|Directed by||David Jones|
|Written by||Harold Pinter (play and screenplay)|
|Produced by||Sam Spiegel|
|Edited by||John Bloom|
|Distributed by||Virgin Group (United Kingdom) |
20th Century Fox (United States)
Betrayal is a 1983 British drama film adaptation of Harold Pinter's 1978 play of the same name. With a semi-autobiographical screenplay by Pinter, the film was produced by Sam Spiegel and directed by David Jones. It was critically well received. Distributed by 20th Century Fox International Classics (USA), it was first screened in movie theaters in New York in February 1983.
Betrayal follows significant moments in the seven-year extramarital affair of art gallery owner Emma with literary agent Jerry, the best friend of her husband Robert, a London publisher. Nine sequences are shown in reverse chronological order with Emma and Jerry meeting for the first time at the conclusion of the film.
Screenwriter Harold Pinter based the drama on his seven-year (1962–69) clandestine affair with television presenter Joan Bakewell, who was married to producer-director Michael Bakewell. At the time, Pinter was married to actress Vivien Merchant.
New York Times film critic Vincent Canby said Harold Pinter is "justifiably celebrated" and that "nothing he has written for the stage has ever been as simply and grandly realized on the screen as his Betrayal". He applauded the performances of the three lead actors, the direction, and the meaningful application of reverse chronology, and summed up that "I can't think of another recent film that is simultaneously so funny, so moving and so rigorously unsentimental. ... This is pure Pinter well served by collaborators." Chicago Sun-Times film critic Roger Ebert similarly commented that the film's reverse chronology, far from being a gimmick, is the key element to its brilliance. He gave the movie four stars.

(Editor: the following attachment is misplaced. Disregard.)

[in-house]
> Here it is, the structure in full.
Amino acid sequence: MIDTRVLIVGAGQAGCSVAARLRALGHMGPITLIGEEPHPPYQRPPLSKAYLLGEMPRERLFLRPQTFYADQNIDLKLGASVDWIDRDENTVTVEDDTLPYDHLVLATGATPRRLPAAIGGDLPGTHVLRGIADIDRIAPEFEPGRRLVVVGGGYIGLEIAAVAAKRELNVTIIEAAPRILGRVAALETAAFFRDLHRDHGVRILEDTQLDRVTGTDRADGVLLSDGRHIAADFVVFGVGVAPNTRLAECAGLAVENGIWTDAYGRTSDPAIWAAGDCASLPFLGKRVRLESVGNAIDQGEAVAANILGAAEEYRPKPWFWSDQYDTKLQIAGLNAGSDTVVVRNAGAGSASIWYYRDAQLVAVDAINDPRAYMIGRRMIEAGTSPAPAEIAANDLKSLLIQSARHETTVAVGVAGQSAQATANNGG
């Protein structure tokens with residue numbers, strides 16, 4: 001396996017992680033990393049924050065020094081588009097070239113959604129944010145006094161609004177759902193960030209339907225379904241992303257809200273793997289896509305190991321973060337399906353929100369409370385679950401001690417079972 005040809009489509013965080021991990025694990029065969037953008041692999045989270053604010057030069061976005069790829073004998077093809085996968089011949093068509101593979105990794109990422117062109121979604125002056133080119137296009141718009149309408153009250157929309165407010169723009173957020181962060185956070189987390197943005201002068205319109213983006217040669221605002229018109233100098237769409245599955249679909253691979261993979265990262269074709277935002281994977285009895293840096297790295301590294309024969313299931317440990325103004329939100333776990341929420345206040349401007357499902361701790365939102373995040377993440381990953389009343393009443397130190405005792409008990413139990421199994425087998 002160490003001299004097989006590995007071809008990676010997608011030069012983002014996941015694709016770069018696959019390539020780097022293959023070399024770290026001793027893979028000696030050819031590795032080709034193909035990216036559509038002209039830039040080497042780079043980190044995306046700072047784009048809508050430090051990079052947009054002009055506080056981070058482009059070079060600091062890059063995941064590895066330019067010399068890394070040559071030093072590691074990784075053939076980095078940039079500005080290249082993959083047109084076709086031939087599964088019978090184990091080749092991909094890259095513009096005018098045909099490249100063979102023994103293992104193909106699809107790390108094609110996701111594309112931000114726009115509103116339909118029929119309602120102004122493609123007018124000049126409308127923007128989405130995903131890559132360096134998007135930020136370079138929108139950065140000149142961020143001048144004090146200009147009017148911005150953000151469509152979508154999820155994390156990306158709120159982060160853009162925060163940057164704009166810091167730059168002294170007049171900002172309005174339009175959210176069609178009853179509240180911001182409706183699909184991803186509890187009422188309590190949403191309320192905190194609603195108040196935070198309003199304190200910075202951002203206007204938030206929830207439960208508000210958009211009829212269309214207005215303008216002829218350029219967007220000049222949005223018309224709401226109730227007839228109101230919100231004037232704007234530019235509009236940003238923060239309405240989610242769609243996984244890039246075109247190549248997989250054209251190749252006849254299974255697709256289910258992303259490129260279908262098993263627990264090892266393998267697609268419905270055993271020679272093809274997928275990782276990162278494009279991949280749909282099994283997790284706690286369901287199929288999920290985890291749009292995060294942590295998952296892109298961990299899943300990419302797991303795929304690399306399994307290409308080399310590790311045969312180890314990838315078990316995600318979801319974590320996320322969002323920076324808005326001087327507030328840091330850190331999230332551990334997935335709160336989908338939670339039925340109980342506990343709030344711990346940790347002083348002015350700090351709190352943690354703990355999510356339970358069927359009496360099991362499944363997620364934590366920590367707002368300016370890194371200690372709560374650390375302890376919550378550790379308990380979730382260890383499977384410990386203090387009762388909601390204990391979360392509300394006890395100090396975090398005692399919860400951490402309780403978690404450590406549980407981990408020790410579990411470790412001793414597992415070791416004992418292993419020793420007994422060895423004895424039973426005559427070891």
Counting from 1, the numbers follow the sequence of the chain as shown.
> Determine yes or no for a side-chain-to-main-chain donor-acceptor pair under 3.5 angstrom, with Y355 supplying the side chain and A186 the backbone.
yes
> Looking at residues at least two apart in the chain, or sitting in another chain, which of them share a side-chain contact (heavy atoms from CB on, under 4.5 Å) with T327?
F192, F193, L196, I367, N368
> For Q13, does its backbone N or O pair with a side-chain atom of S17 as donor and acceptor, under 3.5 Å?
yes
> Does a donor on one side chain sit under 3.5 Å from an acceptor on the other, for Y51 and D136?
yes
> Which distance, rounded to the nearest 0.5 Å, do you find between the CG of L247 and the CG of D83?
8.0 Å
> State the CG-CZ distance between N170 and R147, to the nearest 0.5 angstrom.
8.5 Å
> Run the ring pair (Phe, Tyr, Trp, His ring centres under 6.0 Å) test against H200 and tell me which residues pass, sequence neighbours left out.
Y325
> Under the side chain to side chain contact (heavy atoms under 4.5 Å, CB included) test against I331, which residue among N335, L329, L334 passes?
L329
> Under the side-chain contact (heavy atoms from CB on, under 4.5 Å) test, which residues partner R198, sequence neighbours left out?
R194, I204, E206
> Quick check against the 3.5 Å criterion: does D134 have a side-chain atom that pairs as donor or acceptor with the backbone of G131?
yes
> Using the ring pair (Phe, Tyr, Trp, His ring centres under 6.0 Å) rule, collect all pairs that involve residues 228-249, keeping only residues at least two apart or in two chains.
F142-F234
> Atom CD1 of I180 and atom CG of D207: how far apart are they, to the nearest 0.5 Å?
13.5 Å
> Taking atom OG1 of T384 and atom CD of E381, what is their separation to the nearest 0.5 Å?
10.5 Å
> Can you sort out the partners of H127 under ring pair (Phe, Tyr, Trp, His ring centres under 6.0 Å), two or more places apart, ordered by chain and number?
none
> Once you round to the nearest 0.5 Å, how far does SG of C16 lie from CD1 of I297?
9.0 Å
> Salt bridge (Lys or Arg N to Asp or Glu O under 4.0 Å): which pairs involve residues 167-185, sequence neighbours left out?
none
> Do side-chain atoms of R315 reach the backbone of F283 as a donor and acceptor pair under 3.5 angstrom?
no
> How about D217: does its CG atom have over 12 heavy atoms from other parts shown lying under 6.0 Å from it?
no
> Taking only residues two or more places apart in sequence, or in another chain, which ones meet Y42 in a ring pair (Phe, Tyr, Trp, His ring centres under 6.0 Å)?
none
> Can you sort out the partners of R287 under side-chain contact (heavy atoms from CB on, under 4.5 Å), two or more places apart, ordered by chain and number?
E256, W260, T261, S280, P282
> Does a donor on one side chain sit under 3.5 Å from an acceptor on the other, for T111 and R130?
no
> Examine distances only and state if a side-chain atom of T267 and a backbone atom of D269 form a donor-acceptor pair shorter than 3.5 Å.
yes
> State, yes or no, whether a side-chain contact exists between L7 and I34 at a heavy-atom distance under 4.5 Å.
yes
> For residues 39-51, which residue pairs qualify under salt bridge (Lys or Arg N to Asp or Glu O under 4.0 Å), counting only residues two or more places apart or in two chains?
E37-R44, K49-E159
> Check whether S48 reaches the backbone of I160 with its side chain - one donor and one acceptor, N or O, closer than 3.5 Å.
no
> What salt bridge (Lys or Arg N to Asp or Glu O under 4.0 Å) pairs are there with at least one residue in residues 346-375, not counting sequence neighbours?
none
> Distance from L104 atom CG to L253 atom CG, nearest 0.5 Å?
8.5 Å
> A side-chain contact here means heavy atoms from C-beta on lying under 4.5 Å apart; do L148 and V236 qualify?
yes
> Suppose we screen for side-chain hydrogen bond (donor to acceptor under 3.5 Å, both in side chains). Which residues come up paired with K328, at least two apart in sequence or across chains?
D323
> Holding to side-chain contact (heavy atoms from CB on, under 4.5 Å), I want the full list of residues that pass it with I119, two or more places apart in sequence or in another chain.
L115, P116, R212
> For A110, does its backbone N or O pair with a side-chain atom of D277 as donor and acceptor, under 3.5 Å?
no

Dave Kehr of the Chicago Reader, by contrast, argued that "The reverse-order gimmick of Harold Pinter's screenplay seems meant to revitalize some trite and tedious material—the breakup of a love affair—yet the expected literary games don't materialize: the film plods backward in time with the same dull linearity it would have moving forward." He praised Kingsley's performance but gave the film an overall negative assessment. Geoff Andrew likewise wrote in Time Out, "Hodge is fine, Kingsley tries his best, and Irons is as tight-assed as ever. But it's all so uncinematic as to make one wonder why it was ever made in the first place." Variety commented that Patricia Hodge gave a much less compelling performance than the other two leads but summed up the film as "an absorbing, quietly amusing chamber drama for those attuned to Harold Pinter’s way with words."
|Academy Awards||Best Adapted Screenplay||Harold Pinter||Nominated|
|British Academy Film Awards||Best Adapted Screenplay||Nominated|
|Evening Standard British Film Awards||Best Actor||Ben Kingsley||Won|
|National Board of Review Awards||Best Film||Won[a]|
|Top Ten Films||Won[b]|